“These factors are acknowledged by the authors.

“It is because of these specific factors as well as inherent limitations of the study methodology itself, that their conclusion that it is ‘time to stop using terms like ‘long COVID’' is overstated and potentially unhelpful,“ he said, while adding that long COVID has been a ”global phenomenon, recognised by WHO.”

The study’s authors did note several limitations to their study, including the risks of long COVID being lower during the Omicron wave compared with other COVID-19 variants, and that 90 percent of people in the state of Queensland were vaccinated when Omicron emerged.

The authors also noted that the lower severity of long COVID could be due to vaccination or the variant.

“Studies like this are reassuring that most people will recover from COVID without long-term effects and further, with vaccination and viral evolution, the number of people who experience Long COVID will likely reduce with time,” Mr. Britton said.

Meanwhile, Jeremy Nicholson, a professor of medicine at Murdoch University, said the study is “observational,” based on reported symptoms with no “physiological or detailed functional follow-up data.”

“The absence of evidence is different from the evidence of absence, so the authors’ assertion that long COVID is the same as flu-related post-viral syndrome, is not proven, even if long COVID is indeed a post-viral syndrome (which it is),” Mr. Nicholson said.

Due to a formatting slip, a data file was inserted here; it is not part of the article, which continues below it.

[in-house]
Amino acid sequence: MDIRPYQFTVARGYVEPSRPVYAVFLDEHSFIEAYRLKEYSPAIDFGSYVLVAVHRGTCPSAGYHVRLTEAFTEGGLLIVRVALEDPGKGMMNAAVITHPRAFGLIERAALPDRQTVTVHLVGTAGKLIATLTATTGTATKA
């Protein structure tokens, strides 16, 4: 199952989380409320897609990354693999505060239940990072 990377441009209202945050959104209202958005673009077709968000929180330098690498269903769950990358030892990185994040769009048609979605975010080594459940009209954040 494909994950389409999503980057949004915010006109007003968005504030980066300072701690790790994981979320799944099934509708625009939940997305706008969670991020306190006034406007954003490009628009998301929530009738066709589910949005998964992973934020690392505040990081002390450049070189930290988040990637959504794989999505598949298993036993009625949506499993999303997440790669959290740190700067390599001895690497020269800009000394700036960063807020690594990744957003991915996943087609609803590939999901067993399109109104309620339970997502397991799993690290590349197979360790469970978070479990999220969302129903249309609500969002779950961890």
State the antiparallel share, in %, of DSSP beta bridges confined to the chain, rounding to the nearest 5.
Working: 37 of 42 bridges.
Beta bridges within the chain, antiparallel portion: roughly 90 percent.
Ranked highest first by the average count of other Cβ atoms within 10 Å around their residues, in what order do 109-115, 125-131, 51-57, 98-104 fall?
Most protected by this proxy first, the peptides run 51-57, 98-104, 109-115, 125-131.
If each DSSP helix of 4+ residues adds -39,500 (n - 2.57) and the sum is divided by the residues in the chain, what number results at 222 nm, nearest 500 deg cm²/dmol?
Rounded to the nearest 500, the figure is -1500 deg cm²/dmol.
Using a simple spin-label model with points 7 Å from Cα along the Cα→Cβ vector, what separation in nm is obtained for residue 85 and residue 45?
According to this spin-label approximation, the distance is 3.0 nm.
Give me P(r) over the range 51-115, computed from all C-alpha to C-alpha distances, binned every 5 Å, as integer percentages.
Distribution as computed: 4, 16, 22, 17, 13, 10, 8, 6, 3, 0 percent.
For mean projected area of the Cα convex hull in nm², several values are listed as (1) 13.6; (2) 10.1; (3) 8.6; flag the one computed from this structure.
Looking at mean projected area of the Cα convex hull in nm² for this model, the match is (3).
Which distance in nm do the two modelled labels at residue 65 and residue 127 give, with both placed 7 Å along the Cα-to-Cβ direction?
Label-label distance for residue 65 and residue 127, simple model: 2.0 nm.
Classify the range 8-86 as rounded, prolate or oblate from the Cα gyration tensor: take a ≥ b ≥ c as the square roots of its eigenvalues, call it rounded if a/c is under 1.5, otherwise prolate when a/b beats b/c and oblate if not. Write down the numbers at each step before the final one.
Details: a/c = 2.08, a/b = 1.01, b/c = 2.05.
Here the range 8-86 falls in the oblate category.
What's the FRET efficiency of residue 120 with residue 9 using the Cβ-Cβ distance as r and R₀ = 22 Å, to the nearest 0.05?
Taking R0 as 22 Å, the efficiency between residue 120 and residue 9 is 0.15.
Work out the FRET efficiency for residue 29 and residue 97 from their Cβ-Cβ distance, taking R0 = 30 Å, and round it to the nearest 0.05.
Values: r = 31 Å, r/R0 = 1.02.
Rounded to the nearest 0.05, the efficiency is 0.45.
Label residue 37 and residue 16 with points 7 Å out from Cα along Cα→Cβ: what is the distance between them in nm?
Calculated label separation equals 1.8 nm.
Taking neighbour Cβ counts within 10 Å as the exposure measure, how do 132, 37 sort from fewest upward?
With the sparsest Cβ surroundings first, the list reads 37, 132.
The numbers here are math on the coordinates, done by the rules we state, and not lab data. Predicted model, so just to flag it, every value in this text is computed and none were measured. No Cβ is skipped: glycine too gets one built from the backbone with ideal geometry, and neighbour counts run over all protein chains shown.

Mr. Nicholson added that many long-term effects of COVID-19 do not have significant early-stage symptoms, such as heart disease, atherosclerosis, and diabetes.

Former federal deputy chief medical officer, Dr. Nick Coatsworth, who led Australia’s response to the COVID pandemic, had another point of view.

“In my view, it’s illogical to say that the existence of long Covid should be disproved, rather the burden is on the scientific community to prove that it exists as an independent condition to other post-viral syndromes,” he wrote on Twitter.

Mr. Gerrard said he was not questioning the validity of long COVID, saying that post-viral syndromes “do occur.”

“We see it with Ross River virus. Clearly, we see it with influenza as well,” he said.

“A severe viral infection can be quite a significant inflammatory insult and, in some people, that clearly can cause persistent symptoms. But in the vast majority of people, recovery is the norm.”

Study Adds to Previous Research

The study adds to previous research published by BMJ Public Health (pdf) by the same authors that found no difference in ongoing symptoms and functional impairment between COVID-19 and influenza symptoms 12 weeks post-infection.

According to the authors, rates of long COVID in Australia are low due to high vaccination rates upon the easing of COVID restrictions, and the population’s subsequent exposure to the Omicron variant.

“We may well have found a different result in an un-immunised population, prior to the arrival of the Omicron variant,” Mr. Gerrard said.

“What they described in the UK with long COVID in the early days, we know their experience of COVID was completely different to our experience.”

Henry Jom is a reporter for The Epoch Times, Australia, covering a range of topics, including medicolegal, health, political, and business-related issues. He has a background in the rehabilitation sciences and is currently completing a postgraduate degree in law. Henry can be contacted at [email protected]